Embossed Book Cover




About: I just finished a graduate program in Instructional Design and Educational Technology: creating online learning. I've been using this site to test out my hopefully improving abilities.

This instructable will teach you how to create an embossed book cover.

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Step 1: Supplies

a design that can easily have yarn glued onto it, big shapes (henna images are too small).
linen yarn, twine or something similar. (I used the kind that comes on a cone and usually makes wash cloths).
book board, davey board, chip board. (chip board is the cheapest...)
a brown paper bag (clean)
acrylic paints, at least 2 contrasting colors. (mine are phlalo blue and hunter green mixed with metallic copper highlights).
paint brushes and palette (lid to a zip lock container works for me, when paint is dry it's easy to peel off).
a paper towel
PVA glue and some water (archival bookbinder's glue, won't crack when bent; you can also use tacky glue for less than a future museum piece)
a cup of water for your paintbrush
a plastic squeeze bottle with a pointy tip for glue: Like This , you can find these at any craft store.
scissors to cut up the yarn
a brush for the glue (foam or paint is fine)
a bone folder

Step 2:

Transfer your image onto the book board, this part is up to you. I found some images in a book called Totally Tangled, I was trying to see how intricate I could make the design. Using a sharpie which is about the thickness of the yarn I just kind of eyeballed it.

Start gluing the yarn onto the lines of the image with your squeeze bottle so you get a fine line. You will get glue on your fingers, wipe it off and keep going, the yarn will sometimes pull up sticking to you, this is normal.

It can take a long time if your image is intricate. I tried some geek images with embroidery floss but that didn't work out. Don't even waste your time.

Step 3:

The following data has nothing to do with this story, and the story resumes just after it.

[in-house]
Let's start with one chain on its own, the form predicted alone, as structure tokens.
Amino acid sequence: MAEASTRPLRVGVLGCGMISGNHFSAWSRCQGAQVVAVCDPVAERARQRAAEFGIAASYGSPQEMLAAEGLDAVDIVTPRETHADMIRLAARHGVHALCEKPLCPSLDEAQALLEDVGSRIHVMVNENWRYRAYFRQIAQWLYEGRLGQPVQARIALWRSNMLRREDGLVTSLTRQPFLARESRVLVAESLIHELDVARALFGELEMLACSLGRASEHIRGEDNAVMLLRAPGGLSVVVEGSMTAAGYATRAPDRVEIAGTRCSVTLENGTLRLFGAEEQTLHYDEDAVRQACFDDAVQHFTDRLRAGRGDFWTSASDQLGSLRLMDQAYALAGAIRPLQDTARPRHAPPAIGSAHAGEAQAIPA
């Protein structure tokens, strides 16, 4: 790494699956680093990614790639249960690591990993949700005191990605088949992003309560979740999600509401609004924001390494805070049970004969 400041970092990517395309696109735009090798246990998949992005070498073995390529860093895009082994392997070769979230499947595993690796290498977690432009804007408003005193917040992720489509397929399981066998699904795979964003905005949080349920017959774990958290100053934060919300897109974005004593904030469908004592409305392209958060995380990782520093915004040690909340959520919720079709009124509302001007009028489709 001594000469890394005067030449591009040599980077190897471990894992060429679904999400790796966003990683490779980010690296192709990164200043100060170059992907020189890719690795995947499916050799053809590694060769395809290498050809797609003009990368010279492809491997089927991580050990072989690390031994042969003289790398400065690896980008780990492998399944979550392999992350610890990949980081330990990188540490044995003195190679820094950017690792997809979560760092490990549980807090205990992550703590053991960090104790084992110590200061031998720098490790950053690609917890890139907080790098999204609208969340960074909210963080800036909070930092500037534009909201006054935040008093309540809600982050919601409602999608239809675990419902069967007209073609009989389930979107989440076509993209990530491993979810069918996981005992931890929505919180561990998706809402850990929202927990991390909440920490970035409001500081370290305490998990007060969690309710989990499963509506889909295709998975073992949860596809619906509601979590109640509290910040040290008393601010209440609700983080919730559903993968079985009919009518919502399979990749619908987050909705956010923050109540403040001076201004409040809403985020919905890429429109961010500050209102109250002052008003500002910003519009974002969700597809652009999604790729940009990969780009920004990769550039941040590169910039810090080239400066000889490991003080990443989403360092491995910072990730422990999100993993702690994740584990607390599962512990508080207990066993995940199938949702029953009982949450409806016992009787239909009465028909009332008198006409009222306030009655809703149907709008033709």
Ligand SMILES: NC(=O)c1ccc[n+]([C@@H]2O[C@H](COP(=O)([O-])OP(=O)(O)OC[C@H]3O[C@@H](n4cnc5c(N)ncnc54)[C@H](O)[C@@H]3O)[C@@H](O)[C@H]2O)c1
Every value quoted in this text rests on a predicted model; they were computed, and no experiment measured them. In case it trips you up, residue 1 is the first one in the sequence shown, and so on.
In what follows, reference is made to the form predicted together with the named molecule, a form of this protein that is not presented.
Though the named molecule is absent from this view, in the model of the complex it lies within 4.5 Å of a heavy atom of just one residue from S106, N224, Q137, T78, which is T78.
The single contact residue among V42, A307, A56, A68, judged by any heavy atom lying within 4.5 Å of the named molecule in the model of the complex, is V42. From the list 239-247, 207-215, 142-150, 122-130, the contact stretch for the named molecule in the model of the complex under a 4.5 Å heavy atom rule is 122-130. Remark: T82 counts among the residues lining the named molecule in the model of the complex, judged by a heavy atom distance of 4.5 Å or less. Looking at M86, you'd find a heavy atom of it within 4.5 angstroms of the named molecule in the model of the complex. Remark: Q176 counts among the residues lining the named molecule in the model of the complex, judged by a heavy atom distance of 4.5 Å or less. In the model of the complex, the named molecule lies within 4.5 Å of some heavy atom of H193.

Once completely glued down brush some watery glue over the whole thing. This will stiffen all of the yarn that didn't touch the glue lines. Let it dry completely.

Do another coat of the watery glue over everything.  With the paper bag, cut a piece a few inches bigger than your book board. I tried to stay away from the creases in the paper but eventually learned that it doesn't really matter as you will burnish it all out.

Step 4: Burnishing

Put your piece of paper bag on top and smooth over with your hands. The paper can tear at first so you have to gently and slowly work it in. Push down the outside of your image.

With a bone folder go over the outside of your image and then the insides. Go over them again and again. And then a few more times. This one piece took about an hour.

You can see the design start to emerge. Burnish it with the bone folder even more. Resist the urge to pop the pockets of glue, it will look bad and soak through and eventually tear parts of the paper.

At some point you can glue down the outside edges of the paper and then continue burnishing the image. Let it dry completely.

Step 5: Painting

Now we need to make the embossed design really pop.

I painted it with a combination of dark blue and dark green. Make sure you cover the entire surface, around the sides and a bit on the underside as well. Let it dry.

I took some metallic copper and a paper towel once the blue/green was dry and wiped it all over the design.

Step 6: Finished

I did a a coptic binding with some art and handmade papers. I am working on different ways to bind with and without an embossed spine but I think this is a good start.
Let me know if you have questions.

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    9 Discussions


    Question 1 year ago on Introduction

    Instead of using paper, could you might possibly use fabric? I have seen this kind of embossing but the book cover looked like it might have been fabric.


    4 years ago on Introduction

    I used construction paper over glue gun glue (instead of paper bag over yarn). It works ok but looks nothing as good as yours. I think my way could work just as well in the right hands. maybe others could give it a try.

    1 reply

    8 years ago on Step 4

    I think I am having the same confusion as knife141.

    In the previous step, the glue was to completely dry.

    In this step you indicate that we need to "Resist the urge to pop the pockets of glue, it will look bad and soak through and eventually tear parts of the paper."

    My confusion is if the glue was to be completely dry in the previous step, where does the wet glue come in? Do we re-apply another thin watery coat, or is there residual wet glue in the yarn/string?

    Great tutorial--this is my only sticking point.


    3 replies

    Reply 8 years ago on Step 4

    Ah ok I see the confusion and have updated the previous step. Yes, one full coat on the yarn/string and let dry and then one more over the whole thing before adding the paper.


    Reply 8 years ago on Step 4

    Can you post a pic when you are finished? I'd love to see what other people do.


    8 years ago on Step 4

    Do you coat the cover with fresh glue before you do this step? In other words, are you burnishing the paper as it sits in fresh glue?

    1 reply

    Reply 8 years ago on Introduction

    I put the paper on the glued yarn image and burnish the holy crap out of it, at no time do I put any glue on top of the paper, it makes it tear easily.